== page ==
Playboy magazine, the once pace-setting journal that chronicled the sexual revolution through a mix of high-gloss nude photographs and top-rate fiction and journalism, will end its print run in the U.S. after nearly seven decades on the newsstand, Playboy Enterprises Inc. said Wednesday.
The magazine, which had struggled with profitability for years and had steadily reduced its print frequency since the death of its founder, Hugh Hefner, in 2017, ultimately fell victim to the coronavirus pandemic sweeping the globe.
“As the disruption of the coronavirus pandemic to content production and the supply chain became clearer and clearer, we were forced to accelerate a conversation we’ve been having internally,” Ben Kohn, the chief executive of Playboy Enterprises wrote in a post on Medium.
“With all of this in mind, we have decided that our Spring 2020 Issue, which arrives on U.S. newsstands and as a digital download this week, will be our final printed publication for the year in the U.S.”
Mr. Kohn said going forward, the magazine would continue publishing regularly online, with an occasional special edition in print. The magazine will continue to be published in some markets overseas through licensing agreements.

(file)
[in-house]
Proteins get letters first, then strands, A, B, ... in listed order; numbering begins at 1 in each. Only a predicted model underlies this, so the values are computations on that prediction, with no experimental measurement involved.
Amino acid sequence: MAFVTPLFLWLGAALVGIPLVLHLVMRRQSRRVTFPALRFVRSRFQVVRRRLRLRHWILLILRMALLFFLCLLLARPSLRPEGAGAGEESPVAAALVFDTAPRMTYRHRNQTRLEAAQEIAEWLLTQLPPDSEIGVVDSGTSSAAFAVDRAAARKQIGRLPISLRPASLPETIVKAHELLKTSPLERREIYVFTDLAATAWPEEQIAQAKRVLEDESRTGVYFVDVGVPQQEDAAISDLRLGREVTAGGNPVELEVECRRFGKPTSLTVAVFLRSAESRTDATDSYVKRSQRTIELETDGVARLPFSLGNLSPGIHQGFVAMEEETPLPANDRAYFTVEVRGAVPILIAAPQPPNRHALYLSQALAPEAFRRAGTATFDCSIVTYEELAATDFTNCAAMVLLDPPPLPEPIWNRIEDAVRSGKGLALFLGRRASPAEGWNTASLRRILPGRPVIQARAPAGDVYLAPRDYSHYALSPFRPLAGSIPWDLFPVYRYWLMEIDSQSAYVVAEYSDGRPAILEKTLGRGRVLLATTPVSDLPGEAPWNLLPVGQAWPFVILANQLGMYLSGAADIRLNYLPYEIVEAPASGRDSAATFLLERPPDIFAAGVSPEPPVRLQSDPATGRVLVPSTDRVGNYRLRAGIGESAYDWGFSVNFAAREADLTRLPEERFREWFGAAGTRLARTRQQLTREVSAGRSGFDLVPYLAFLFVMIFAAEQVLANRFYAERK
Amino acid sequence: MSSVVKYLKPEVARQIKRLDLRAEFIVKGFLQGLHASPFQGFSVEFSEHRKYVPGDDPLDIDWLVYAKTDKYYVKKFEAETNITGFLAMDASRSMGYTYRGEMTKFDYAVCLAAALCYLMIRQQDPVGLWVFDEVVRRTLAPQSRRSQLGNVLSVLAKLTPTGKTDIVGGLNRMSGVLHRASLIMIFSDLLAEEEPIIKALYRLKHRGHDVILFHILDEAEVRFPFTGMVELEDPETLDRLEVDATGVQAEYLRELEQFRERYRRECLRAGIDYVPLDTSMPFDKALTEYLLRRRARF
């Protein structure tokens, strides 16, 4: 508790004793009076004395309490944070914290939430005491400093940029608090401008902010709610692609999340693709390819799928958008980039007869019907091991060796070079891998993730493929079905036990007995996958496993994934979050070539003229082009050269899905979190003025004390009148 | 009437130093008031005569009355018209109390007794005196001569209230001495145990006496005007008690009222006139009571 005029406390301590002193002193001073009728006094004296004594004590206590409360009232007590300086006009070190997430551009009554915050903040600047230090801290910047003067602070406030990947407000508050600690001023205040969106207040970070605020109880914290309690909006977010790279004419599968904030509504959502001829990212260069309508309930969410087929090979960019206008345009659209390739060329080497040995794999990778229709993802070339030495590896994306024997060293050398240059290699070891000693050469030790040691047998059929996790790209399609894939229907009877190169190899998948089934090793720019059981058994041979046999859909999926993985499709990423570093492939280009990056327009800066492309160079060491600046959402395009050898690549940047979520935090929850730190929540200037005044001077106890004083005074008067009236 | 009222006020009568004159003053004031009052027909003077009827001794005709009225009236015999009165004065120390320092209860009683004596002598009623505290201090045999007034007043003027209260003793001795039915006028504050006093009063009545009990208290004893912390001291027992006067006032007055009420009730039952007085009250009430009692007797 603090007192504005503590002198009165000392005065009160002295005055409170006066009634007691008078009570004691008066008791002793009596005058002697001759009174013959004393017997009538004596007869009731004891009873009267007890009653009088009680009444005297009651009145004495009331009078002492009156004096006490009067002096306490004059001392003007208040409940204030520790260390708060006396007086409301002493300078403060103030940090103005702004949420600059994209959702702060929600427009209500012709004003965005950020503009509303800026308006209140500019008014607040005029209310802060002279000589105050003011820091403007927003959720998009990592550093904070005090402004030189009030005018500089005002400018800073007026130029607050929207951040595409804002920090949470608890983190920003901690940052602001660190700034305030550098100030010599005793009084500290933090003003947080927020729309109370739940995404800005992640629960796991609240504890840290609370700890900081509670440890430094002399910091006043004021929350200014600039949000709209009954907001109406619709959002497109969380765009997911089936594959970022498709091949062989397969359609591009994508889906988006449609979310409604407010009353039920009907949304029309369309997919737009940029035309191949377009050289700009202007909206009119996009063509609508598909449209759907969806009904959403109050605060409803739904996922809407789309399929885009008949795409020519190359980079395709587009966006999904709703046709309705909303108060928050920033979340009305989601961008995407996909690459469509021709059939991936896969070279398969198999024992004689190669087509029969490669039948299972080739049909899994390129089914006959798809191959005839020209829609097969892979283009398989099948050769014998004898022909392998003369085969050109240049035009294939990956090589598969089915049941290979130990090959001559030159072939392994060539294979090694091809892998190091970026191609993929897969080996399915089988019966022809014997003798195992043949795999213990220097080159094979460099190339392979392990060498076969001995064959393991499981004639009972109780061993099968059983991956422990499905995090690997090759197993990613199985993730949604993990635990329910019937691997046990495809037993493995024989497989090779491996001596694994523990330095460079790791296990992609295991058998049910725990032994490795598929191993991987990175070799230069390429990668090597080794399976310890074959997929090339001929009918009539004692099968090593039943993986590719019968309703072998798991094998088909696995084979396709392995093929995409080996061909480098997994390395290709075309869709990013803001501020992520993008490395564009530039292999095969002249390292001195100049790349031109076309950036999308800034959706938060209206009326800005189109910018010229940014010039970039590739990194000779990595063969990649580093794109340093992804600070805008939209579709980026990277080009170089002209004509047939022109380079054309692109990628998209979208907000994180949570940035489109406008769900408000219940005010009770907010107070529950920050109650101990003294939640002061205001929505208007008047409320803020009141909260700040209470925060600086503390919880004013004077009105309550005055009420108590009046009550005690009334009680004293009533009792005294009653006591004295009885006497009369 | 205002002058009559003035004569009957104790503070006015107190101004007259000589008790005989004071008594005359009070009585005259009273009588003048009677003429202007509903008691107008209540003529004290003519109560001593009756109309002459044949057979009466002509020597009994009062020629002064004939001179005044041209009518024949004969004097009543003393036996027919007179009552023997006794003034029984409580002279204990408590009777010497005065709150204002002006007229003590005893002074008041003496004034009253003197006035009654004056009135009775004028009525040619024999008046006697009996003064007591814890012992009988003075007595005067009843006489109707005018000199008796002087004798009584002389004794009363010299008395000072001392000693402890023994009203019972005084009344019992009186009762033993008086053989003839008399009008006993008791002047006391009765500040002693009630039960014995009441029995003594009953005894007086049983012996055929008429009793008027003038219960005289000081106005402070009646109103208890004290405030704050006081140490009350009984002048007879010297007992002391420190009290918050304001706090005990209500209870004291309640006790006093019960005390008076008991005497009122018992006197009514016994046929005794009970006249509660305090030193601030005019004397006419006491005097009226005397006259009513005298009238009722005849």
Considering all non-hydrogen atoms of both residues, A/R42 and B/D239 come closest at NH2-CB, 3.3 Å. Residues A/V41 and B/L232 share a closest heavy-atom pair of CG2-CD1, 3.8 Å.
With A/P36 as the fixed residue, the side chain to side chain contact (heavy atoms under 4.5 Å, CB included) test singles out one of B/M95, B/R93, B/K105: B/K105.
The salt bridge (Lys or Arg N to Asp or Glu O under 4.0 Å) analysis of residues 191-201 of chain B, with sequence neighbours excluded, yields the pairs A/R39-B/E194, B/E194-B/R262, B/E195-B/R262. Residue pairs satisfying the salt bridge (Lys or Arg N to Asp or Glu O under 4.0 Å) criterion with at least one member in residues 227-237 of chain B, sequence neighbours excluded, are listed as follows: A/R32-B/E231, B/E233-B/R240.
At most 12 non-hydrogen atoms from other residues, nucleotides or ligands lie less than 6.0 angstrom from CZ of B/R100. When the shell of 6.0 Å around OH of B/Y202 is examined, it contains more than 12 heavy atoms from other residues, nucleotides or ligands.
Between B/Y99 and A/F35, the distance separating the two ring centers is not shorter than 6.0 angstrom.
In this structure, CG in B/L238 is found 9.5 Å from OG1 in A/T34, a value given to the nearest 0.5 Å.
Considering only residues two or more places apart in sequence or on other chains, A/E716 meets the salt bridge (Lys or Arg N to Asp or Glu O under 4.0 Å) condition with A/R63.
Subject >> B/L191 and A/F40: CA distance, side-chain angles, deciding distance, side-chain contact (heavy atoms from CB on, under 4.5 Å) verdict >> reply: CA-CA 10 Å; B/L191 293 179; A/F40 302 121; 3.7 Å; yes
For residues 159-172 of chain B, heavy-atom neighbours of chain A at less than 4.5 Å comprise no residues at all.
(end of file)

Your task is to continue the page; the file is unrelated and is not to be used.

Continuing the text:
“Over the past 66 years, we’ve become far more than a magazine and sometimes you have to let go of the past to make room for the future,” he said
After Mr. Hefner’s death at age 91, the company began to re-evaluate the future of the money-losing U.S. magazine, which was scaled back to six issues a year from 10 in 2017, after a brief period in which it stopped printing nude pictures. Previously, the magazine had lost as much as $7 million annually as U.S. circulation tumbled to a few hundred thousand an issue from 5.6 million at the peak in 1975.
In recent years, Playboy Enterprises has primarily become a licensing business, making money by placing the Playboy name and its distinctive bunny-ear logo on clothing lines, casinos, fragrances, wallets and more.
In 2018, Mr. Kohn said the company was considering ending its run in print entirely, but it later decided to cut back to quarterly publication, featuring three nude playmates in each issue. That same year, the company’s majority owner, private-equity firm Rizvi Traverse, bought out Mr. Hefner’s family’s roughly 35% stake for $35 million. Rizvi Traverse took control of Playboy in 2011, when it helped Mr. Hefner take the company private.
Last April, Mr. Hefner’s son Cooper stepped down as chief content officer, severing the last ties between the publication and the Hefner family.